All else being equal, the raw number of species detected is not in itself a useful measure of survey effectiveness, since some atlas blocks naturally support a greater biodiversity than others. We therefore attempted to devise a criterion based on the species that “ought to” be present on a particular block. For King and Kittitas Counties we compiled a block-by-block list of expected species derived from the predicted distributions of the Washington Gap report (Smith et al. 1997). The minimum target for a “passing” score was set at 50 percent of the expected number of species. For Kitsap and Island Counties, which are much more uniform in habitat, we went instead with a list of the 20-plus species most commonly detected in each county after one full year of second-phase surveying, establishing a threshold of 90 percent of these species for a “passing” score.

The percentage of species detected at higher evidence levels is a straightforward calculation: {(number of species PR + CO) / (total number of species)} × 100. The “passing” score was set at 50 percent.

Of the three measures, the number of party hours of survey effort is certainly the simplest to tabulate. Five party hours was considered to be a “passing” score.

The three criteria correlate closely. Hours of survey effort drives the other two, yet the latter add unique value as interpretive tools. An informal sampling of our data shows the curve of species detected climbing steeply for about the first four or five party hours on a block, and leveling significantly by hour six or seven. The number of detections at higher levels of breeding evidence, however, continues to climb at about the same rate for nine or more hours before starting to level off. It could be said that the number of species detected is principally a spatial measure, reflecting quality of coverage of all the habitats across the map of a block. The proportion of higher evidence-level detections, on the other hand, is principally a temporal measure, reflecting quality of coverage across the breeding-season calendar. Repeated visits are necessary in order to intersect with the differing breeding phenologies of the birds inhabiting a block.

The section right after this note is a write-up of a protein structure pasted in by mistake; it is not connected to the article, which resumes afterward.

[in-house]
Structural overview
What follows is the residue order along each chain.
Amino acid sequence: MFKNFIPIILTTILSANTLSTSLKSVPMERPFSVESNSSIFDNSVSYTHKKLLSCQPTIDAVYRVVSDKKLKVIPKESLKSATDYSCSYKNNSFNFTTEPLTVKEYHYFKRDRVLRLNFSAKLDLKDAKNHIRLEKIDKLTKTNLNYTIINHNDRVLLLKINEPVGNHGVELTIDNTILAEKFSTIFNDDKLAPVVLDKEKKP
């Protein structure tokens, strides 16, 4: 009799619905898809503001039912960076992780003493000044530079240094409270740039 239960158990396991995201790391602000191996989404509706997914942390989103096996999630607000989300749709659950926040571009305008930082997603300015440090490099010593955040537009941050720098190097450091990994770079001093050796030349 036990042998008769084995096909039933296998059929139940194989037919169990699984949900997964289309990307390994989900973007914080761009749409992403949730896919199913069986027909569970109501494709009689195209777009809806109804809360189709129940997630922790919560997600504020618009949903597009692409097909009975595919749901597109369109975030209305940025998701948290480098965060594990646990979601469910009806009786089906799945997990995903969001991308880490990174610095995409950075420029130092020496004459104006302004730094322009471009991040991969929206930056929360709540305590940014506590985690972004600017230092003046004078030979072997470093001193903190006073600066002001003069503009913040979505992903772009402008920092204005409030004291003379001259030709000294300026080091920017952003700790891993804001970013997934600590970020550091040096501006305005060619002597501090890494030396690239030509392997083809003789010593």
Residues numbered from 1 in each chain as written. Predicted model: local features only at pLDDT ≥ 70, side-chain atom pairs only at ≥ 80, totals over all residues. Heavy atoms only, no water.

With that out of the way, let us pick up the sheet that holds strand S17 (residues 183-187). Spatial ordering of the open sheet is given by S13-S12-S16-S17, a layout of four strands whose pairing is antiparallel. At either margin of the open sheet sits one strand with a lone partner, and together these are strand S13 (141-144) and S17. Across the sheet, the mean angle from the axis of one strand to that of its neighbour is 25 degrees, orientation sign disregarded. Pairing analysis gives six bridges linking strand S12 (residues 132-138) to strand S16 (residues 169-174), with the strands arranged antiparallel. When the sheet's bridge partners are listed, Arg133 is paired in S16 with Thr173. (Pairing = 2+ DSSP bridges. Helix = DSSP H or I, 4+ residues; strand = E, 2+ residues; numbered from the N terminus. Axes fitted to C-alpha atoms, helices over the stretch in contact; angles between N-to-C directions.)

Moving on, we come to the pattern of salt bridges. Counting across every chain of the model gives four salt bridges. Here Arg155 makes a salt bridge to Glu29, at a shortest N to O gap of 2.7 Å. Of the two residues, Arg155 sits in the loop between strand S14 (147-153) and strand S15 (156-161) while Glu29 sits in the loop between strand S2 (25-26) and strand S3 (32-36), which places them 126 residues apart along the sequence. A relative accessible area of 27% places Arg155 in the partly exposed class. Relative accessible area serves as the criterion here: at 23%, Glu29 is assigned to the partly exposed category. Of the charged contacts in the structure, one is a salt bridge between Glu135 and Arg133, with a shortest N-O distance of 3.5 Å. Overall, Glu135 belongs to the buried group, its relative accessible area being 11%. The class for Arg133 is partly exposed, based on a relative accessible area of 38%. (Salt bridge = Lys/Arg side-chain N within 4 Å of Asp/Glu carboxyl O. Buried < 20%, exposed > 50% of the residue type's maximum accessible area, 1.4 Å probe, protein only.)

In deciding which blocks to declare “done” and which would need further work, all three measures were taken into account in a rolling review process. A poor score in just one category, or a marginally sub-par score in any two, virtually guaranteed that a team would be sent to a block for another look. However, ease of access was also considered, as was uniformity of habitat. A block of flat, open agricultural land amply served by roads can be better covered in a couple of hours than can a remote, roadless, high-elevation block in as many days. Consideration of how best to allocate scarce survey resources entered into all of our determinations, resulting inevitably in tradeoffs.

We could not hope to bring all blocks up to the level of the initial project target of 20 or 30 hours of effort (Mattocks 1988). Instead, our more modest goal was to bring essentially every block up to a uniform minimum survey standard so as to ensure a greater comparability of results across the four-county map. Figure 13 illustrates the degree to which this goal has been successfully met.

Figure 13 - Total Party Hours (All Years)
Figure 13 — Total Party Hours (All Years)